Finding the Minimum or Maximum of Quadratic Functions

Uploaded by MATHRoberg on 14.11.2010

Hi, I'm Kendall Roberg, and today we are going to talk about minimums and maximums.
Let's start by looking at this list of red numbers.
If we were going to try to find the minimum and the maximum number in this list, we would first look through and try to find the smallest number.
That will tell us what the minimum is.
So looking through this list, it looks like -7 is the smallest number.
So we call that the minimum.
Now to find the maximum number, we're going to look through the list again and try to find the greatest number, which looks like 21 is the greatest number. 0:00:40.000,0:00.44.000 So we call that the maximum.
Now we can also find the minimum and maximum of graphs of functions.
Here, we have two different parabolas graphed.
and by looking at this first one, I see that the minimum value, or the lowest value on the graph, is right here.
so let me write "minimum."
Now to find the maximum on this first graph, it's actually kind of difficlut.
I mean, I see it's really tall right here...
but I know those arrows indicate that it keeps going up.
So actually, this has no maximum, it just keeps going up and up and up.
It's difficult for us to find the greatest number, because it keeps going.
But, I am sure that this is the minimum.
Now, if you remember some stuff about parabolas, this is also called the vertex.
So, on this parabola, the vertex is where the minimum value of the function is.
Now, let's look at this one.
On this one, we have a different situation.
I can see that this, right up here, is the maximum value of the function.
So I'll write "maximum."
And again, the maximum is located at the vertex.
We can't identify a minimum value because those arrows indicate that the function keeps going down, both here and here.
What's interesting is that the minimum value was at the vertex on this parabola, and over here, the maximum value was on the vertex here.
Now, I say minimum and maximum, and I'm saying value too.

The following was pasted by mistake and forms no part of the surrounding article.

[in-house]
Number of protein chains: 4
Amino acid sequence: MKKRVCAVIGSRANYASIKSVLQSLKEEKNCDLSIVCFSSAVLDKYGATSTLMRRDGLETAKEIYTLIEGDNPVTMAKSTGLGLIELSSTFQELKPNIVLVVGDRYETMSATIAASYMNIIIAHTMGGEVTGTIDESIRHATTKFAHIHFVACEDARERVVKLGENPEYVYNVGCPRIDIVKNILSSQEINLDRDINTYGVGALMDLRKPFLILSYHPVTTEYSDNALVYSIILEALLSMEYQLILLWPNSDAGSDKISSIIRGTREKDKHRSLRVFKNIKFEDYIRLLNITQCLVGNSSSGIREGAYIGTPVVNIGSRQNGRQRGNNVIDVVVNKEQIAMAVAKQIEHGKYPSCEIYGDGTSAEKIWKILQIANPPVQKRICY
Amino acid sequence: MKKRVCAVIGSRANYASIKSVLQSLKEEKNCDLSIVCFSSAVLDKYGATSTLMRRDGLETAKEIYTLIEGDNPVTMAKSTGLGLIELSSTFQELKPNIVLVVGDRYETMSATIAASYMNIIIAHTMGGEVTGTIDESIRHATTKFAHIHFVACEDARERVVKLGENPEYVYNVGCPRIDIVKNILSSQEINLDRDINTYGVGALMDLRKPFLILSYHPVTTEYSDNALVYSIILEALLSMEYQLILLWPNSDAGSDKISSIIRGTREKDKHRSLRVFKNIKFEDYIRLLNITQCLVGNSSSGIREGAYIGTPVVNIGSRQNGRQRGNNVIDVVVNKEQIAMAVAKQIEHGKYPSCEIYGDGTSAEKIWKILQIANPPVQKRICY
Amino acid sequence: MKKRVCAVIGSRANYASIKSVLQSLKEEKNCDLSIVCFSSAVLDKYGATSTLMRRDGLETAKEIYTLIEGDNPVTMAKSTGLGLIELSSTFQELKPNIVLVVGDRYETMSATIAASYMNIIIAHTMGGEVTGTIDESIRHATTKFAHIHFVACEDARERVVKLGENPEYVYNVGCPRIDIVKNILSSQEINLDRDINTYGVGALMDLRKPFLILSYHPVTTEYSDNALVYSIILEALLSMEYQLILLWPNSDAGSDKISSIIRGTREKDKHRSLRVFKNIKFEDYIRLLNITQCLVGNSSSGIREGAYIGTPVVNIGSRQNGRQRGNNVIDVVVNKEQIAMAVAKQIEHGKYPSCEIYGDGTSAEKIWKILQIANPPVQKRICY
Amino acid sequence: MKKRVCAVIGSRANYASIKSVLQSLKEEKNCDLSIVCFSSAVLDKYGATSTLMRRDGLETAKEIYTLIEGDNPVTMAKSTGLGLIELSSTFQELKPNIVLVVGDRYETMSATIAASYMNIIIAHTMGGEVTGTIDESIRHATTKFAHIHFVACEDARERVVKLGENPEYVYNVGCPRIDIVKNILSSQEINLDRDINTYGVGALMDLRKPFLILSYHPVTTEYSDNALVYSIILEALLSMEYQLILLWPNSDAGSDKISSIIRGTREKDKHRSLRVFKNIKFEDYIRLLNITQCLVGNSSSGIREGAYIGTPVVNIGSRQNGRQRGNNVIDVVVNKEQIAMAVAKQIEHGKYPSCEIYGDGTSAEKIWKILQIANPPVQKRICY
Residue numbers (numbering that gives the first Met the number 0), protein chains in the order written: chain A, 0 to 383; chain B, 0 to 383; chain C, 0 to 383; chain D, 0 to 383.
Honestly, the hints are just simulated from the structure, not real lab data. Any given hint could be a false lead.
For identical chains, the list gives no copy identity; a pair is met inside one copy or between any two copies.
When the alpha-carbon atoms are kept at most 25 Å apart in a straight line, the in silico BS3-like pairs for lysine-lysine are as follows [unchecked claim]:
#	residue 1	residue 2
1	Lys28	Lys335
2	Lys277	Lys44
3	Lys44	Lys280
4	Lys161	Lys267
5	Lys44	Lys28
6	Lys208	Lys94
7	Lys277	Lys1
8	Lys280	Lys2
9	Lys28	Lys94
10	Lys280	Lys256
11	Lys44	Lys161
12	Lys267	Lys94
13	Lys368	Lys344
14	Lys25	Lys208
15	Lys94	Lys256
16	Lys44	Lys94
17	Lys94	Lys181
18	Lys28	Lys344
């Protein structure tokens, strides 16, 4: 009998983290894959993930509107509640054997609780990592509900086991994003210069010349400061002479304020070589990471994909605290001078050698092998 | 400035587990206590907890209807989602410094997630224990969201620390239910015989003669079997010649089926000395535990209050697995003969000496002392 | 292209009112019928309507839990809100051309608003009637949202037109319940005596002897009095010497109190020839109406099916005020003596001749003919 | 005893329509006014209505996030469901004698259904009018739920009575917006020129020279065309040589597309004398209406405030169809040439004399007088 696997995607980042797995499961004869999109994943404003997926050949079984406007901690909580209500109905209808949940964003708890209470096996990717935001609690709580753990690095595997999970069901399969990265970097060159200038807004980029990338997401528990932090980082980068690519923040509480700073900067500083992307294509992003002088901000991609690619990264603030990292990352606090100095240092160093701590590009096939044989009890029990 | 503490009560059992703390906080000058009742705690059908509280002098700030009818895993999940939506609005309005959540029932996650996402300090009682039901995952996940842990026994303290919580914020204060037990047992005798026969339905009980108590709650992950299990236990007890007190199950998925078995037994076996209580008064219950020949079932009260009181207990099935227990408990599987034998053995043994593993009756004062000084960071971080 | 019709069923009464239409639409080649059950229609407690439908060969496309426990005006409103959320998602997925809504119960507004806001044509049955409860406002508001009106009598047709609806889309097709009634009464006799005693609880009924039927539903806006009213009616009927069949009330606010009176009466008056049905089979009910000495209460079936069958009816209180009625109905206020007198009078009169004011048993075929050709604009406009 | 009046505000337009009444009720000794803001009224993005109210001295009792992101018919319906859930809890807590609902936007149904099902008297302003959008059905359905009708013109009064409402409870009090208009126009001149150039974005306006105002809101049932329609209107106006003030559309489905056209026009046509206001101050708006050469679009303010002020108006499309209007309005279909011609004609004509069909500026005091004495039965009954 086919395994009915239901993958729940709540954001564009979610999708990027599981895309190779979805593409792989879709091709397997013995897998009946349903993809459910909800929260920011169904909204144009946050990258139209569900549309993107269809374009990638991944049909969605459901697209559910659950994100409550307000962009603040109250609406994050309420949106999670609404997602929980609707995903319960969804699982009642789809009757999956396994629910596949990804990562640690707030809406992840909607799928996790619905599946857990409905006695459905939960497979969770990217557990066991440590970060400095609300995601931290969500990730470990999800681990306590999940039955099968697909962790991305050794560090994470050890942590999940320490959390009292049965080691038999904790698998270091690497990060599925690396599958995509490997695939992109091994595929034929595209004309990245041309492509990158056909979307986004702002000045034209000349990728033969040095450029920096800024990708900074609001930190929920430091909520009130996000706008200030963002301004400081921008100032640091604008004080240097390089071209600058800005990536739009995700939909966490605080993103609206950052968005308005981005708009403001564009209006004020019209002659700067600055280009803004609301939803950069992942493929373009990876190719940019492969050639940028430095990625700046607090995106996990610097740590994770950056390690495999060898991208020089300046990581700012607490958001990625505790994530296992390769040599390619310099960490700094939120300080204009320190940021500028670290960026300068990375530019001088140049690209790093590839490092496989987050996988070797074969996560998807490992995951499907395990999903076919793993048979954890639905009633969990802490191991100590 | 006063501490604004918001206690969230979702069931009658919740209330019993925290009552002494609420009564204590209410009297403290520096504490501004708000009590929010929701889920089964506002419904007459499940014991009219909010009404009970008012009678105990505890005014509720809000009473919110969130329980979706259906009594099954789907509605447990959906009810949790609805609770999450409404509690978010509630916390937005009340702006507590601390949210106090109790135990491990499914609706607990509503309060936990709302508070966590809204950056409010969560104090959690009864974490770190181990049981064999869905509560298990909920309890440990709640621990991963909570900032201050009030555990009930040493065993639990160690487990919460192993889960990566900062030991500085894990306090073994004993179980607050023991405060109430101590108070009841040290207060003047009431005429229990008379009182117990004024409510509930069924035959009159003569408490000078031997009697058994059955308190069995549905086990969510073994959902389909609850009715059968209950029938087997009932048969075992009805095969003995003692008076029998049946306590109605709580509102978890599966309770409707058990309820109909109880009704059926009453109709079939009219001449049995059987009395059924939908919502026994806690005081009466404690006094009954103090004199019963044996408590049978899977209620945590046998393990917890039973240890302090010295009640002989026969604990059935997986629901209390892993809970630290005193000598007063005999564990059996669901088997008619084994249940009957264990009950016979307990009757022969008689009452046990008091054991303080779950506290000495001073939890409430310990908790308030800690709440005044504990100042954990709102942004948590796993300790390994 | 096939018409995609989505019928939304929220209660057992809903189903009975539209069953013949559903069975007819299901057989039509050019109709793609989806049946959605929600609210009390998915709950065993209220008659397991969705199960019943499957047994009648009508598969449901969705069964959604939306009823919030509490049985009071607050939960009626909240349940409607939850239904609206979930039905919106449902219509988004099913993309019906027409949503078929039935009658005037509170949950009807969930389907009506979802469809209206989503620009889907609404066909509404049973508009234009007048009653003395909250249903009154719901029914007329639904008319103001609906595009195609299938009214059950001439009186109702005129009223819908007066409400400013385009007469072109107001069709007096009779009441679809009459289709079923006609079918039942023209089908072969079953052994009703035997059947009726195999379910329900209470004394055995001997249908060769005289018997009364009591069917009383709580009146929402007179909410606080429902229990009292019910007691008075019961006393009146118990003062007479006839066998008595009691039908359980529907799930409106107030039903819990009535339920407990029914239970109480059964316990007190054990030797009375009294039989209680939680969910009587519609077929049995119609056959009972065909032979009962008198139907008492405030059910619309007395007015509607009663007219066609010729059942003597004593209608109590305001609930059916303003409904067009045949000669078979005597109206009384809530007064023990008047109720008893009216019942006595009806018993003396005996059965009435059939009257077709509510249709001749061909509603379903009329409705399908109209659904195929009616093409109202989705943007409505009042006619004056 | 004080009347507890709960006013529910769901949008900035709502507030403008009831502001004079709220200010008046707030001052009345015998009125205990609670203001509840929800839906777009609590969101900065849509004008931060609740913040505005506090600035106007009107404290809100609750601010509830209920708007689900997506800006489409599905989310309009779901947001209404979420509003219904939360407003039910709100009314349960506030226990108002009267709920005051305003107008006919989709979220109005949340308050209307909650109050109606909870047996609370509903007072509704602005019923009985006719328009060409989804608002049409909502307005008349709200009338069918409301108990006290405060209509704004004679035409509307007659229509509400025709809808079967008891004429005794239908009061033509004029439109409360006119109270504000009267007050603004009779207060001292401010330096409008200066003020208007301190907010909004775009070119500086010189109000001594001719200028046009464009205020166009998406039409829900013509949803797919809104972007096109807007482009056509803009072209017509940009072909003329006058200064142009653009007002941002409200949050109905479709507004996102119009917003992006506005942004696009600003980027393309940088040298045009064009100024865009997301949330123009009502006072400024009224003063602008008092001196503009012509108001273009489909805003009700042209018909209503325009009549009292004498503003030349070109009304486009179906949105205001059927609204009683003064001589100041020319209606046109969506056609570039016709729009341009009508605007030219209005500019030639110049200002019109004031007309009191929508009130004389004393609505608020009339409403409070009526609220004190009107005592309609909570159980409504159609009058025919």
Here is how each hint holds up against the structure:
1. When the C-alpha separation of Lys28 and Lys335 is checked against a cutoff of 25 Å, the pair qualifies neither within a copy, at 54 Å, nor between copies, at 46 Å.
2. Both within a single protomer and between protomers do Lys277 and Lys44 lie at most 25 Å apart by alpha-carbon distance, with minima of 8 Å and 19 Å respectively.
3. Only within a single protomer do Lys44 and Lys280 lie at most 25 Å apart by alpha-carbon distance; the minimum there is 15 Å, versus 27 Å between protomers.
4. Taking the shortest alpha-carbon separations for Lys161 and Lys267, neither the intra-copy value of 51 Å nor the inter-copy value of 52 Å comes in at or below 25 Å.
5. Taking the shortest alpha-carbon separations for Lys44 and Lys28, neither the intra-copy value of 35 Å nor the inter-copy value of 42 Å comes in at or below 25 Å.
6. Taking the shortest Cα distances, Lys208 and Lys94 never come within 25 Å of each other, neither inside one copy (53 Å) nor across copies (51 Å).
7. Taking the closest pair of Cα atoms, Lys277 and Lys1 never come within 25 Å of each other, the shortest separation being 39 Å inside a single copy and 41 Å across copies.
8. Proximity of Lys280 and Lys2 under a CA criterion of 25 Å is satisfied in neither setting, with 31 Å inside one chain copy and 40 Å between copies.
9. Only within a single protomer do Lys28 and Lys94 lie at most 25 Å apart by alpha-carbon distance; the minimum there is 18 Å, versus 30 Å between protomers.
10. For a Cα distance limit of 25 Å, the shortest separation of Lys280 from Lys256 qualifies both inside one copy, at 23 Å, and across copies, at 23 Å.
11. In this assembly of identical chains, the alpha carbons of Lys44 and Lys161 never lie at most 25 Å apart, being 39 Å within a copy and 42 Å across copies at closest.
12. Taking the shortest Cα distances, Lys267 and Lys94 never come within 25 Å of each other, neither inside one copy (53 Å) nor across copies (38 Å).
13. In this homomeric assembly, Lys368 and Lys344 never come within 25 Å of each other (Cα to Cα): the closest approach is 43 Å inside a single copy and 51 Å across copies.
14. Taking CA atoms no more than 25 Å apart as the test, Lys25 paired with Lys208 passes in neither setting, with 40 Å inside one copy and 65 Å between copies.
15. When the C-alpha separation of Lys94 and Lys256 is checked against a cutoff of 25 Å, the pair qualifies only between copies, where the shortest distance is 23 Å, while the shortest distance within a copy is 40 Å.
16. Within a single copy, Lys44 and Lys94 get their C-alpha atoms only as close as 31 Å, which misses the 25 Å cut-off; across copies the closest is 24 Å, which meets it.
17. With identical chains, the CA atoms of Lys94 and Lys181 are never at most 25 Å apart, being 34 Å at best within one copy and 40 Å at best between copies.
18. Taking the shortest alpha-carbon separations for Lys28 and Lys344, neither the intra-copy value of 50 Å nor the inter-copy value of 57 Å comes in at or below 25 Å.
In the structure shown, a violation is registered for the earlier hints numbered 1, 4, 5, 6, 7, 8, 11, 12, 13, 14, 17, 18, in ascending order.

Well, if we were going to try to find out what that actual value was instead of just pointing to it on the graph, we would actually go to the vertex and draw a line over to the y-axis.
Whatever value this is on the y-axis would actually be the minimum value.
Over here, what ever value this lined up with on the y-axis would atually be the maximum value of the function.
So let's try doing this with a few examples.
Our instructions are to find the minimum or maximum value of two different parabolas.
This first parabola is in standard form.
That is, we have a function in ax^2 + bx + C form.
And if you remember standard form, we can find the vertex of the function by first finding what -b/2a is.
That would give us the x-coordinate of the vertex.
So, b, or the coefficient of the x term, is -4.
So negative -4 is actually just 4.
And 2a...well our a is -1 so 2 times -1 is -2.
So it looks like we have when we reduce...the x-coordinate of the vertex is at -2.
So let's see..1, 2.
The vertex is going to be somewhere at the x = -2 line.
Let's find out exactly where.
To find that out, we're going to plug our -2 into the function and we get...well f(-2) is...let's plug in -2 for the x^2 there.
I think we're going to kind of run out of room here...
Let's erase a little bit...
f(-2) is...well (-2)^2 is 4, times negative is -4, so we get -4 + 8 -5.
Well, -4 + 8 is 4, minus 5 brings us to -1.
So that's our y-coordinate of the vertex.
So it looks like our vertex is going to be right there.
Also, by looking at the coefficient of the x^2 term, we see that this parabola points down.
So here's a rough graph of what this function looks like.
Now, my goal was to find the minimum or maximum value of the function.
I see that because the parabola is pointing down, the maximum value is located at the vertex, right there.
That's the maximum.
The function never has a greater value than it does right at the vertex.
And the vertex was located at (-2,-1), so the maximum value of the function is -1, which is the y-coordinate corresponding to the vertex.
Let's do one more example.
Over here, we have a function that's in intercept form.
So actually, this (x-4) and this (x+2) tells us the x-intercepts are at...we can set each of them equal to 0...and we see that the x-intercepts are equal to 4 and -2.
And we also know that if we were to foil this out, we would have a positive coefficient for the x^2 term.
So I know the parabola points up.
Now, looking at where the intercepts are and knowing it points up, I know this must have a shape like this.
So at this point I can tell this is going to have a minimum value.
Now how do we find that minimum value?
I'm going to leave that up to you. Good luck!